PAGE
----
But the thing I tell people, you are the only one who puts restrictions on yourself. Who uses being plus size as a negative. I don’t care what I look like running. I’m running. Running is something that doesn’t discriminate. Health benefits out weigh the excuse “I’m too fat”. 

Mentally I’ve reached a point where I just don’t care what you think of me running. I’m running. You’re not. Mentally I push myself, talk to myself and get myself across the finish line. I always say at the end it’s my heart not my legs. 

Since I started running over three and half years ago I’ve faced my fair share of injuries (dics bulged, moved spine with brokenness, stress fracture), pneumonia (twice) and of course my ever faithful asthma. I won’t even touch in on having to carry an epipen everywhere I go. But I tell people I had a choices every time something wrong happened: fight or flight. 

Do you fight your body and keep on a path to continue to find a better version of the current you? Or do you flight and run back to the couch? Do you give up because of an obstacle that comes along? 

I look at running as anything in life: you just don’t give up.  

In recent weeks I’ve met people who I’ve shown this picture to and they can’t believe the change.I said everyone has a journey inside of them. I just don’t give up. At the end of the day. I’m failing myself. I feel I can be a role model to many people. I can show them excuses are wasted air and words coming from your mouth. 

Now that I’m over 80lbs lighter, my running has changed. My stride has changed and my centre of balance is not the same. I face back issue when running. But you know what, it doesn’t make me want to quit. My biggest issue are my runners. I’m a forefoot runner so everything has changed! (see I need a job ASAP to support my running shoe needs) 

I’m dedicated. Dedicated to myself. The commitment I’ve made since running is to myself. To better myself. To push myself beyond what limits I set. To face fears head on.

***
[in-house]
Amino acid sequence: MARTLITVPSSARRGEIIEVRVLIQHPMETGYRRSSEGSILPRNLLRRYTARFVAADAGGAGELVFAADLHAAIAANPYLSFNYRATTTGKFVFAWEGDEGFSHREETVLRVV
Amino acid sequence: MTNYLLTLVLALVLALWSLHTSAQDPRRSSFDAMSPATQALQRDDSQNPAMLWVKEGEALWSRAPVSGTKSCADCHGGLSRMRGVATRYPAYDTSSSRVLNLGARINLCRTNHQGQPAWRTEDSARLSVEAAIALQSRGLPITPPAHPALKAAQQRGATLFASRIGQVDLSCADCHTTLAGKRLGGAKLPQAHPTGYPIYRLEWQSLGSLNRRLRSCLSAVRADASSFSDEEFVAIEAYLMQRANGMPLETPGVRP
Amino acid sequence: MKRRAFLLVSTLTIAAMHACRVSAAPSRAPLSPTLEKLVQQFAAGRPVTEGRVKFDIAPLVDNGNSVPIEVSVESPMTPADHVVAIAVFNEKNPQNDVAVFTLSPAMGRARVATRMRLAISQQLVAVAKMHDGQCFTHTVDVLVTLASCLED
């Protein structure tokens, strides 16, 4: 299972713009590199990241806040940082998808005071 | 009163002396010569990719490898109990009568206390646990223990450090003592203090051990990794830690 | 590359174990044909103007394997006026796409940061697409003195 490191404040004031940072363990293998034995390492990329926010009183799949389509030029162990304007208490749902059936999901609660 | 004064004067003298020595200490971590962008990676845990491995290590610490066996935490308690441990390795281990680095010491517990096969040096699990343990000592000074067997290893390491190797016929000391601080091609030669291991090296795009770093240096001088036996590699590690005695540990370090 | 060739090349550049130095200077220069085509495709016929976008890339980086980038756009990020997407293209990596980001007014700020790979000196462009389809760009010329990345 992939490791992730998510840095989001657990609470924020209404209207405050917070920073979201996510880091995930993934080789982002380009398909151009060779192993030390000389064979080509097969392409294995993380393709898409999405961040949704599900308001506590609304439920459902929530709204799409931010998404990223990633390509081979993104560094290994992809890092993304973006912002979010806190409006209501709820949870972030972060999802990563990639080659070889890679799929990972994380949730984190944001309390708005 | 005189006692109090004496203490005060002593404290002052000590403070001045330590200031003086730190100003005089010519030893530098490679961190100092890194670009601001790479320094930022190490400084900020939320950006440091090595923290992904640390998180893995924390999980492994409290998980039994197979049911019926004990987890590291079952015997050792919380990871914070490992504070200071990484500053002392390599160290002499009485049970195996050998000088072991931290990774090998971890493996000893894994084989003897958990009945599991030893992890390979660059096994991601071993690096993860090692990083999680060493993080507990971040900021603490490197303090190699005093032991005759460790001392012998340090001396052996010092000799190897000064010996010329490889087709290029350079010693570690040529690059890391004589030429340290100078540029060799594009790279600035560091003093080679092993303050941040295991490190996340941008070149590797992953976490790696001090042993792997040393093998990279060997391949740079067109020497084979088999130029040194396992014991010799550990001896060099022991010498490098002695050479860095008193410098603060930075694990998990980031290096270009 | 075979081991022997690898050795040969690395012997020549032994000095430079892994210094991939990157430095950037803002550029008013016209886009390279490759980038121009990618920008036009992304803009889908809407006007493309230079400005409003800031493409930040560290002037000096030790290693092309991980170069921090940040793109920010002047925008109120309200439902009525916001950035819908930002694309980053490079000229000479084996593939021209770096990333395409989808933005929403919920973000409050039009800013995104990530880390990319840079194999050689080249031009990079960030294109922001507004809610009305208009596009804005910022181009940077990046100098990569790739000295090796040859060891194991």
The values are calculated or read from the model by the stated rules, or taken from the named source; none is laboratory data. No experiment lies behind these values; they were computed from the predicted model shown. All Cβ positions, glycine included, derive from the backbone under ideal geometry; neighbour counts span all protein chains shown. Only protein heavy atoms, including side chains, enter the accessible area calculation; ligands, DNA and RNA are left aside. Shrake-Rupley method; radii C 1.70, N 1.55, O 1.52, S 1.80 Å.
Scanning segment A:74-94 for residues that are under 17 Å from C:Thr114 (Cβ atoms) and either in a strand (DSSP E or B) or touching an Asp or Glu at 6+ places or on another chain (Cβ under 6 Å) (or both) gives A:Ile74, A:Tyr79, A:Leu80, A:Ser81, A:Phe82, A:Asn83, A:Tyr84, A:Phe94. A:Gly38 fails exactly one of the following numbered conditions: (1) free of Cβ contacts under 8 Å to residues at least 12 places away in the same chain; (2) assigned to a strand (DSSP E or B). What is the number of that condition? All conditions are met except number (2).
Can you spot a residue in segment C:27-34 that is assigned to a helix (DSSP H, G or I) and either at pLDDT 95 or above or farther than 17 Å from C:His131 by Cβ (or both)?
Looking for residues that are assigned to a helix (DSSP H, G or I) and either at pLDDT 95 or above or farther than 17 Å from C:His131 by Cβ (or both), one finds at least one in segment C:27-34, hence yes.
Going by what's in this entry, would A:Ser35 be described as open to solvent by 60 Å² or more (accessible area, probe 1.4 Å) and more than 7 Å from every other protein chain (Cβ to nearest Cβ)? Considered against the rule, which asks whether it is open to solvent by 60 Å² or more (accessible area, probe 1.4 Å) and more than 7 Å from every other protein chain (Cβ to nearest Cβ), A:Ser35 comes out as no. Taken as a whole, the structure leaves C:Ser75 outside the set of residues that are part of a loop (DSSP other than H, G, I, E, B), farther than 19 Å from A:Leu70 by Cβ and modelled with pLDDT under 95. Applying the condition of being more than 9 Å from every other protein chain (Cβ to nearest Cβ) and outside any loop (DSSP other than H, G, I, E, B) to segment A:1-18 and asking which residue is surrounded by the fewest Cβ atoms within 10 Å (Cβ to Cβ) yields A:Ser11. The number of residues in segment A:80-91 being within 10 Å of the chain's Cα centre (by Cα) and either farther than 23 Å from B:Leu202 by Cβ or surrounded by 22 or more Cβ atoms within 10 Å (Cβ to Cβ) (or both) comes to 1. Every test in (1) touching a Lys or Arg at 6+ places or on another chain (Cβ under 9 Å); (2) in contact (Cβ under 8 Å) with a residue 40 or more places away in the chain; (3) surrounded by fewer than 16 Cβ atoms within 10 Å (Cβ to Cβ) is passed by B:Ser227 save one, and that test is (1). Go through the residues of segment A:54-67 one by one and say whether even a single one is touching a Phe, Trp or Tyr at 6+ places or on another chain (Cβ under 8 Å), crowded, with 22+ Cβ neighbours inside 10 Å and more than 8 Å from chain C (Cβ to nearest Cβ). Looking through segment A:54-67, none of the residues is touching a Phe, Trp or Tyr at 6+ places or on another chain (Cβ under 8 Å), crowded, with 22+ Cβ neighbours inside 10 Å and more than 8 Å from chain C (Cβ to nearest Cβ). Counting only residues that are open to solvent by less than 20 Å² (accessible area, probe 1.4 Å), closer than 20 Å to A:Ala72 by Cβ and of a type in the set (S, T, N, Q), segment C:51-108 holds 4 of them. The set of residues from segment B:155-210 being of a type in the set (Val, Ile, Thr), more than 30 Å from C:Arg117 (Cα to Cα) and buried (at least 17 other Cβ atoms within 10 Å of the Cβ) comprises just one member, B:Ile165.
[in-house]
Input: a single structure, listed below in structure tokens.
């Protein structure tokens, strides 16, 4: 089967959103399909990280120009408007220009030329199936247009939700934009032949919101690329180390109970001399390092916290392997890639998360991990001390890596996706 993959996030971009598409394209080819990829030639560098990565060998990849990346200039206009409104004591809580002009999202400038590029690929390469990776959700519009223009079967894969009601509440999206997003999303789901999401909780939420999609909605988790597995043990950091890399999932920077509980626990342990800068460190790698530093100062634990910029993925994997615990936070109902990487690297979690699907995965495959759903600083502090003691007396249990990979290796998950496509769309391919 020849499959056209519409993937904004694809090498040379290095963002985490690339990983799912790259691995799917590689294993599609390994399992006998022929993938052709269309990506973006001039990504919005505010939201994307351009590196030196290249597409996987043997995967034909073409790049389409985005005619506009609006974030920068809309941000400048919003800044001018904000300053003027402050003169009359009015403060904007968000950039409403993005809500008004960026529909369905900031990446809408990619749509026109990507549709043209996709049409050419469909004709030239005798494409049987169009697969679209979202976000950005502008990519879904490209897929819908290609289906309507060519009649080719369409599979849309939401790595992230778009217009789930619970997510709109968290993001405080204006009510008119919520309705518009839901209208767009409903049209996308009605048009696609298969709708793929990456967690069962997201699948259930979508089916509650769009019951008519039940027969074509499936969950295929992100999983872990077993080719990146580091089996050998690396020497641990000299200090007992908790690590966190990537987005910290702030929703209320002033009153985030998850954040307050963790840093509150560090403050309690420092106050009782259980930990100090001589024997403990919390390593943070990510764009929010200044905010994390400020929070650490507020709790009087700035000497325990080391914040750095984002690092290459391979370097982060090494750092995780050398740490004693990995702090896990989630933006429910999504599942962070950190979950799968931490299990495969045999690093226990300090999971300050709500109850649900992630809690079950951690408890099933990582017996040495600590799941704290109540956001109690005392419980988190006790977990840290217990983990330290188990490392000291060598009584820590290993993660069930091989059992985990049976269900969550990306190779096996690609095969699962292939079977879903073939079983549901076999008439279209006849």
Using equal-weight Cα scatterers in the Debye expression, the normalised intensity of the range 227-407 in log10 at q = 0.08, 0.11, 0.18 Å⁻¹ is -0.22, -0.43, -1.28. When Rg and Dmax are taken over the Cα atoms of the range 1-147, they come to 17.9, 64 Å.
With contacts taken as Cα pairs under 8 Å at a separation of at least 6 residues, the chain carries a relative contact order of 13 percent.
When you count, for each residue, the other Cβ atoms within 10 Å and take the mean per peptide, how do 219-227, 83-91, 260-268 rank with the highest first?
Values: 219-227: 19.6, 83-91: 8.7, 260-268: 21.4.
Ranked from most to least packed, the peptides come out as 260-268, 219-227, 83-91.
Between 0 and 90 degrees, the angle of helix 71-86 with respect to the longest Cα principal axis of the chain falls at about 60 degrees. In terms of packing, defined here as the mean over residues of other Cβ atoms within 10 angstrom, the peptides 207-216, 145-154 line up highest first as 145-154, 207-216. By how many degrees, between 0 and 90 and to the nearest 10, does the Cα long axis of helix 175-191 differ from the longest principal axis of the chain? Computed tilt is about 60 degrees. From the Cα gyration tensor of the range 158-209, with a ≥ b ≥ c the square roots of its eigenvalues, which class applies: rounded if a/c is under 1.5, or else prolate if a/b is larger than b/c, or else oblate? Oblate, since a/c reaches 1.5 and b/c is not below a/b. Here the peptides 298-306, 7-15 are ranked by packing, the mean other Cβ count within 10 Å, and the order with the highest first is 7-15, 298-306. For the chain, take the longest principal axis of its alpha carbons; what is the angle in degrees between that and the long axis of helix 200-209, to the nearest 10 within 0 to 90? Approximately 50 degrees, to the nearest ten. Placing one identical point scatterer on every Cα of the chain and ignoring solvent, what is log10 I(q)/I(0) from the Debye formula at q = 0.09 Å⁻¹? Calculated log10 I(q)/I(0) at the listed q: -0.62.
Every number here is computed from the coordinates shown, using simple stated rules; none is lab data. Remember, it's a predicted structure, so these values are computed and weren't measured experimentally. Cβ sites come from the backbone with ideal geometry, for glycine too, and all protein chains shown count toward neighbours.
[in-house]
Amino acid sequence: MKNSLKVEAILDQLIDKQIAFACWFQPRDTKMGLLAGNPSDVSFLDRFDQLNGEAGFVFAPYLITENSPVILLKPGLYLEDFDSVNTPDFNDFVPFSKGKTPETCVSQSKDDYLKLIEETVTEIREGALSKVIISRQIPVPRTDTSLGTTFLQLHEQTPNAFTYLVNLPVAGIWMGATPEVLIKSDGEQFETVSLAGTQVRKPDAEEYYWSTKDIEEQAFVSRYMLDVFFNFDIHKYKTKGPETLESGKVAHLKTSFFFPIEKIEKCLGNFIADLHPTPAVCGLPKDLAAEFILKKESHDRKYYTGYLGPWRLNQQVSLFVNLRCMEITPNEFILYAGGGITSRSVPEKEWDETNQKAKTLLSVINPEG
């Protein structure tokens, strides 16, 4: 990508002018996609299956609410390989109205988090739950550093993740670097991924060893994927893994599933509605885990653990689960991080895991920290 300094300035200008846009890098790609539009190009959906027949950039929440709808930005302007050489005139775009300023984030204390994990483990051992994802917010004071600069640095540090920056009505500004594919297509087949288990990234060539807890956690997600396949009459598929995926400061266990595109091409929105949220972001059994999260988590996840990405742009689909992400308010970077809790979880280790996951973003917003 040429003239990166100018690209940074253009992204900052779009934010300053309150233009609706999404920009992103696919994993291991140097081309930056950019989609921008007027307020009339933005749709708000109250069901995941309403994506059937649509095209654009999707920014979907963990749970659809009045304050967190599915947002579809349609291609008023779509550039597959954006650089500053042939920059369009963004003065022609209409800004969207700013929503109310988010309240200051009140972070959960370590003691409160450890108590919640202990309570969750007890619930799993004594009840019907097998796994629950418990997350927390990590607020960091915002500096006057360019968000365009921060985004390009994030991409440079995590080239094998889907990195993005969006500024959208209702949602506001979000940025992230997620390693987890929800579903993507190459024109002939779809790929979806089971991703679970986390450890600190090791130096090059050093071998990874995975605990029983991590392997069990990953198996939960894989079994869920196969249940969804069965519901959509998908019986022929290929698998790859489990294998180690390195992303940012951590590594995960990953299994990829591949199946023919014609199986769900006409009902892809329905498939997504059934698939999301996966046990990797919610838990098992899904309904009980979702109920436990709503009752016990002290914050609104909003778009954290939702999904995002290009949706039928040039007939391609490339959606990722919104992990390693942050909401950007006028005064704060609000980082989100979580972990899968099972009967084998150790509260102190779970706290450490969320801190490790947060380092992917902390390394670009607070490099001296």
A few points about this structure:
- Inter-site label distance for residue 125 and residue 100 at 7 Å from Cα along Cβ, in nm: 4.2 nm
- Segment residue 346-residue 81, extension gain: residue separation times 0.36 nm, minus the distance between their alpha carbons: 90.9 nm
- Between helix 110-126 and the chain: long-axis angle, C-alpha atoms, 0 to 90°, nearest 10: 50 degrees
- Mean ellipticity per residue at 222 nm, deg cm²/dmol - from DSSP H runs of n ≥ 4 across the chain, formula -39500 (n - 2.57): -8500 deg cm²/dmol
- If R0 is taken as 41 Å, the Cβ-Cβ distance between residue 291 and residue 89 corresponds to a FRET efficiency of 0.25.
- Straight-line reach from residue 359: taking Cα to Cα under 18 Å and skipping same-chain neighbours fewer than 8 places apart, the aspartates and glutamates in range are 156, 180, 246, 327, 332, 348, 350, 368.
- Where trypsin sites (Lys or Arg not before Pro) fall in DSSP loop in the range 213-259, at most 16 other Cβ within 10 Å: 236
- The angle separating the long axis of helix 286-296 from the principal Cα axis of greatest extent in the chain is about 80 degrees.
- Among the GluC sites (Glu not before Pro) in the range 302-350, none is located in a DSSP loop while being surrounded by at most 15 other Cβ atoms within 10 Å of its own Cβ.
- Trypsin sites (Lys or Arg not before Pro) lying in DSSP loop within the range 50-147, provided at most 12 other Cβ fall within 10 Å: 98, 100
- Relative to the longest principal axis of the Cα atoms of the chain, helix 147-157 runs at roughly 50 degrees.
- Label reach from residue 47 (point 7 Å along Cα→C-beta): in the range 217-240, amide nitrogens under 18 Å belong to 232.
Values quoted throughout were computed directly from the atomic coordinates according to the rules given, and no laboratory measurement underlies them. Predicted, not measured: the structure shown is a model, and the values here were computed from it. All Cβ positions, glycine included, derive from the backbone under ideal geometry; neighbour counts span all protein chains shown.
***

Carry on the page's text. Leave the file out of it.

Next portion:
So to anyone who starts to run remember there is no finish line so love the journey. 

Your journey is yours and only yours. 

I am dedicated to me. To this journey. To continue to better myself and be open to helping anyone. Running with anyone who is afraid to be left behind. I’ve been in your shoes. I’m still the leader of the back of the pack. Don’t give up on yourself. 

My Coach…¬†

We all can say who has inspired us to just start running, or even any sport really. Some of us joined running clubs, others are just self taught. 

Myself, I like to say this talent was self taught. My strides and smiles are really my own doing. 

But the person who has guided me from the start, whose gave me the most honest and raw truth of my running was my friend Blair. To anyone who asks, I always refer to him as my running coach. He’s a runner, an iron man, but he’s not an Olympian.  He’s him. He understands.

From my first ever 5k, he sent me advice. Nothing frilly. Nothing like go rock it. More like don’t compete. Go your own pace and find someone to follow at your pace. Keep them in focus. You’ll end up passing people who go to fast at the start. So go slow and save for the second half.

I’ve always confided in him. Asked advice that is beyond crazy. Such as when do I refuel, when do bathroom breaks work. I’m sure that 97% of the time I annoy him. But he still supports me. 

Since I’ve bounced back from the horrid summer of 2014 and my 2015 injuries he has still offered advice and the latest for my upcoming 15k is here below: 

To me Blair just gets me. Understands my asthma, my slowness as being in the back of the pack. He tells me the advice I need as someone my size. He’s realistic. To me this is golden. To anyone who is plus size you do get discouraged by advice coming to you that is “off the wall”. To me if you’ve never struggled running, ran with someone who struggles you truly don’t have an understanding of how it works for us back of the packers. 

Don’t get me wrong I’ve been given some advice along the way that has been pretty decent but I’ve also been given advice that doesn’t even come close to myself, my fitness level etc. 

So I’m thankful for Blair, his guidance and mostly putting up with my crazy questions. You all know I can ask some doozy of questions. 

I’m still inspired by those who push me daily, check in with me and encourage me. 

So to you reading this, whether you’re self taught or going to be brave and join a running group. Even asking someone to run with you (This week I just volunteered to run with a random stranger to help encourage her). We runners don’t bite. 

Remember everyone started somewhere. Don’t be discouraged by those you feel are better runners. You’re just as good. You left the couch. Don’t ever be afraid to ask questions, whether over social media or just randomly. You won’t learn if you don’t ask. Someone somewhere has experienced what you’re thinking.